HomeHealth Care NewsFTC Launches Probe of Pharmacy Benefit Manager (PBMs) Practices

FTC Launches Probe of Pharmacy Benefit Manager (PBMs) Practices

The Federal Trade Commission (FTC) is investigating the practices of pharmacy benefit managers (PBMs).

The FTC voted 5-0 to conduct a study under Section 6(b) orders, which authorize special reports on the competitive impact of supply chain disruptions in consumer goods, on June 7.

 The FTC stated it will order the six largest PBMs to submit records and answer questions. The companies include CVS Caremark, Express Scripts, Inc., Humana Inc., MedImpact Healthcare Systems, Inc., OptumRx, Inc., and Prime Therapeutics LLC.

The inquiry aims to shed light on several practices that have drawn scrutiny in recent years, including fees charged to unaffiliated pharmacies, according to an FTC press release.

The FTC is also looking at how patients are steered to PBM-owned pharmacies; potentially unfair audits of independent pharmacies; complicated and opaque methods to determine pharmacy reimbursement; the prevalence of prior authorizations and other administrative restrictions; policies on the use of specialty drugs and lists; the impact of rebates from drug manufacturers on formulary design; and the cost of prescription drugs to payers and patients.

How PBMs Use Formularies

PBMs restrict access and increase costs to consumers, Allen Goldberg, vice president of communications for the Association for Accessible Medicines (AAM), which advocates for biosimilar drugs, told Health Care News.

“PBMs restrict patient access to lower-cost generic and biosimilar alternatives by requiring insurance companies deploy blatantly anti-competitive business practices which keep costs high for patients and Medicare,” said Goldberg.

They use formularies that increase the cost of drugs to patients, including seniors with drug plans, says Goldberg.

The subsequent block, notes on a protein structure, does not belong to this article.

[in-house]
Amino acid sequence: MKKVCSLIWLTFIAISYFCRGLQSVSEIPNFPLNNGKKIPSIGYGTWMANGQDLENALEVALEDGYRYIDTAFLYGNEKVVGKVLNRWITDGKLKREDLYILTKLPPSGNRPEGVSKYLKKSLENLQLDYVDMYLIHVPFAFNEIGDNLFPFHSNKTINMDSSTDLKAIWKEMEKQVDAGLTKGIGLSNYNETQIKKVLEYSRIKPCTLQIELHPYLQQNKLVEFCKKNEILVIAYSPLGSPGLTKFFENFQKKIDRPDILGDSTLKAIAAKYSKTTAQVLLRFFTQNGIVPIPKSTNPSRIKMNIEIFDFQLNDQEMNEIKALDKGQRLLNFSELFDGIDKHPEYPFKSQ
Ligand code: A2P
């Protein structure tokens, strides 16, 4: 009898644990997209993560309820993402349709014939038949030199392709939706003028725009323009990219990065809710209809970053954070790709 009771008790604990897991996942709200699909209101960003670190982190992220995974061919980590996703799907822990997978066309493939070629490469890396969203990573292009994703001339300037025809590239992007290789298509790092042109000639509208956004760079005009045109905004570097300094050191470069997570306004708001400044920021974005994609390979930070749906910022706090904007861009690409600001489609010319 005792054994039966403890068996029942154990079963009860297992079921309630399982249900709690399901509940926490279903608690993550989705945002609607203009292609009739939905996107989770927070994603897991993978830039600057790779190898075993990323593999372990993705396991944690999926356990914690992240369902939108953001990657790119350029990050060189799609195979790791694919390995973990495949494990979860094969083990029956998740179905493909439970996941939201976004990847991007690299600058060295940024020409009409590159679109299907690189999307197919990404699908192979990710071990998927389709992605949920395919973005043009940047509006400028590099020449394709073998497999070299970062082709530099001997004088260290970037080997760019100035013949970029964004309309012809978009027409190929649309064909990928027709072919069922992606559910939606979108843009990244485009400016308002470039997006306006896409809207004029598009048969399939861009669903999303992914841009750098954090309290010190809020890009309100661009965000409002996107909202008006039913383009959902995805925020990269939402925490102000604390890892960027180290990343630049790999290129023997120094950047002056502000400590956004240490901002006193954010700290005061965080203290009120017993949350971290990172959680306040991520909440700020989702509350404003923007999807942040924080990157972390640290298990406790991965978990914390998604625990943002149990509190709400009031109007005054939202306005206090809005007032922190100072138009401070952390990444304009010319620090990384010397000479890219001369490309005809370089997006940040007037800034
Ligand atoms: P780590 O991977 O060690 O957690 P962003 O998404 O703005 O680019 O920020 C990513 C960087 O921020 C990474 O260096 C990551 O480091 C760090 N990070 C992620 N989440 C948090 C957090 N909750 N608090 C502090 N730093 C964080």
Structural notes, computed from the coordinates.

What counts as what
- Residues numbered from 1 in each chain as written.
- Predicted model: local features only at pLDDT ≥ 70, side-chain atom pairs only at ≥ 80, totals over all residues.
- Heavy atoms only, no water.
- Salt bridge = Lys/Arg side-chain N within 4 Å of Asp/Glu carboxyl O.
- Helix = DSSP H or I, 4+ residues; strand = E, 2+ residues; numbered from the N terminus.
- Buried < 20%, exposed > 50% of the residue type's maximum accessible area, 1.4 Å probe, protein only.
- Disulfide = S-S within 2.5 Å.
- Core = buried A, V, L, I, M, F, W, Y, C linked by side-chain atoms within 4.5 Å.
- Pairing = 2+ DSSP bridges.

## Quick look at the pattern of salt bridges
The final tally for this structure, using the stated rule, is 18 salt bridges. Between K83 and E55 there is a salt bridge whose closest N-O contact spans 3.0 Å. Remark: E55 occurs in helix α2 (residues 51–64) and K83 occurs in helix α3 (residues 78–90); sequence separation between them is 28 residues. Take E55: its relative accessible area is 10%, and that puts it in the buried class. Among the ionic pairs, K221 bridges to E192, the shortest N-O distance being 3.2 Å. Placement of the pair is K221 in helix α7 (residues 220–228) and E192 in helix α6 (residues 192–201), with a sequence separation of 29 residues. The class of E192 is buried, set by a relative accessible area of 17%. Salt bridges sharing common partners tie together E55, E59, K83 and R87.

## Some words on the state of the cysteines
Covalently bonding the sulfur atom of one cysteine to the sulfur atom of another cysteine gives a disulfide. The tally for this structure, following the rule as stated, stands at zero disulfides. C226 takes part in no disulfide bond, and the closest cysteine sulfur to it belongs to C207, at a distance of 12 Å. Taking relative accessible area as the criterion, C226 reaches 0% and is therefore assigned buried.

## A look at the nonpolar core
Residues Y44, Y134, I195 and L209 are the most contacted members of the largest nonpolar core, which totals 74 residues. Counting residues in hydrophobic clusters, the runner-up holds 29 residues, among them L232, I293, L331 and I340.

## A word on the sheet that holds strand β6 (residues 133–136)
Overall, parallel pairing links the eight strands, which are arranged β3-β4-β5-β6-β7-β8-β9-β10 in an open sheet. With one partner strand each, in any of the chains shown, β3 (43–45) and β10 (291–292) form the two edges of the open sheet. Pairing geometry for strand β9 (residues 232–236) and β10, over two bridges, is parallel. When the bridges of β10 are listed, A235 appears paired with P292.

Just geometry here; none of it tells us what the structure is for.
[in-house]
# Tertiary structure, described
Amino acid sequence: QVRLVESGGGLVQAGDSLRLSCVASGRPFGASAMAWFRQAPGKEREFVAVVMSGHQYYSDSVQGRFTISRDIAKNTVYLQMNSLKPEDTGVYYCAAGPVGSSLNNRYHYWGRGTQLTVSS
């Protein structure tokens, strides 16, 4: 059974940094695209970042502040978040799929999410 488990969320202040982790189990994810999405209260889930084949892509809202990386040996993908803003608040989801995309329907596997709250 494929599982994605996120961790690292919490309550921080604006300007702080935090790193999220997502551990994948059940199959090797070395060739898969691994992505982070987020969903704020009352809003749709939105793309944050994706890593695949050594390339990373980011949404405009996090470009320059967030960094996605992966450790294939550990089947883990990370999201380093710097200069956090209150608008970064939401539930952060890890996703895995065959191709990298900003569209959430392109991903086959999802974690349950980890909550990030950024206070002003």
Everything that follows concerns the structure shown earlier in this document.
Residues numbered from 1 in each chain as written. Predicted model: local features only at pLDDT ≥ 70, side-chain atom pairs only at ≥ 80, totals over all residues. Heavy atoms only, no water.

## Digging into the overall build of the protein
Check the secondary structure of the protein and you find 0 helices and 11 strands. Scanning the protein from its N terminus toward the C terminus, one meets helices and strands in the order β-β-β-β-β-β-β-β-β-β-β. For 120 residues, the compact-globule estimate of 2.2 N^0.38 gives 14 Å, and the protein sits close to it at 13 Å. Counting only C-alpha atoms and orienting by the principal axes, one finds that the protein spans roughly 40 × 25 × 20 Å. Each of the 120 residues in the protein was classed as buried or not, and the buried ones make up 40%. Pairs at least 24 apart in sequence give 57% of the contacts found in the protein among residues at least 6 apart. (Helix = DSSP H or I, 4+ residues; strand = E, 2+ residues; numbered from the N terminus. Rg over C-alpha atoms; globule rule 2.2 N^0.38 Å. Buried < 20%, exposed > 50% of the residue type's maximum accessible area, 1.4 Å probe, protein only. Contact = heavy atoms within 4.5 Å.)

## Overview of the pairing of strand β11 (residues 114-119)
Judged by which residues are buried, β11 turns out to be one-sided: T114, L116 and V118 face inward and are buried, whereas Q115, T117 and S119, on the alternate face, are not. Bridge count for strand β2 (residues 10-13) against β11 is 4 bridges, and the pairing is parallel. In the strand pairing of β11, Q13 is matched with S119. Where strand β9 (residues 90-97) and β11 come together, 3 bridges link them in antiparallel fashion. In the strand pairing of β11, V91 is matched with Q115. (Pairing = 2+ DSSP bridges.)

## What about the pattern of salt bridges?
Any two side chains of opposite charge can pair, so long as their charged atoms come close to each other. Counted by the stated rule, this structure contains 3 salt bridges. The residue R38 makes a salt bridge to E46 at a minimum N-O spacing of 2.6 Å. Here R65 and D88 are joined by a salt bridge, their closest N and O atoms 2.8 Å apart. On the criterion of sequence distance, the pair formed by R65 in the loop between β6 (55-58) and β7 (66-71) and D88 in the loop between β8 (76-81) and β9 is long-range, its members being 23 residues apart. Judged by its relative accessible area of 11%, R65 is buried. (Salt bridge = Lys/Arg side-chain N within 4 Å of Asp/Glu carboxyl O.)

“PBMs frequently place generic drugs on non-generic formulary tiers with higher copays, meaning patients are overpaying for their prescriptions,” said Goldberg. “PBMs frequently prefer higher-cost, brand-name drugs over lower-priced alternatives. Avalere Health studied formulary placement in Medicare Part D and found that the number of generic drugs placed on the lowest tier, where seniors pay the least for their drugs, declined 53 percentage points between 2011 and 2015. This resulted in a 93 percent, or $6.2 billion, increase in patient out-of-pocket costs.”

Drug Management Concentration

Supporters of the FTC probe seek a broad range of PBM reforms, says Goldberg.

“First and foremost, we have urged the FTC to clamp down on the anti-competitive practices we’ve outlined to ensure that fair market competition can be restored to the prescription drug market,” said Goldberg. “Generic and biosimilars should be placed on the correct, lower-cost formulary tier, and insurance plans should [be able to] cover them without fear of retaliation from PBMs.”

Drug benefit management has become too concentrated, with a few dominant firms, says Goldberg.

“Consolidation and monopolization in the PBM industry have gotten out of hand, exacerbated by over 80 percent of prescriptions flowing through three, vertically integrated companies,” said Goldberg. “Currently, it is difficult for new entrants with different alternative business models to break into the PBM market. Any efforts to limit the influence of major PBMs and encourage competition will inevitably result in lower costs for patients and a sustainable, fairer marketplace.”

Black Box Operations

Scrutiny of PBM practices is long overdue, stated Greg Reybold, director of health care policy and general counsel at American Pharmacy Cooperative Inc. (APCI), a group representing independent pharmacies, in a press release on June 7.

“We are extremely pleased with the depth and scope of the information the FTC is requesting from these middlemen,” said Reybold. “For years, PBMs have operated in a black box and FTC scrutiny of PBM practices that restrict patient access to care and raise prescription drug costs falls squarely within the commission’s twin missions of protecting consumers and competition.”

ACPI supports ending these anti-competitive practices, stated CEO Greg Hamrick in the press release.

“As an organization, ACPI and its members have advocated aggressively for the federal government to investigate anticompetitive PBM practices,” said Hamrick. “We very much look forward to working with the FTC, Congress, and other stakeholders to rein in these problematic issues that are detrimental to patients, taxpayers, and small businesses.”

Kevin Stone (kevin.s.stone@gmail.com) writes from Arlington, Texas.

Kevin Stone
Kevin Stone
Kevin Stone writes from Dallas, Texas.


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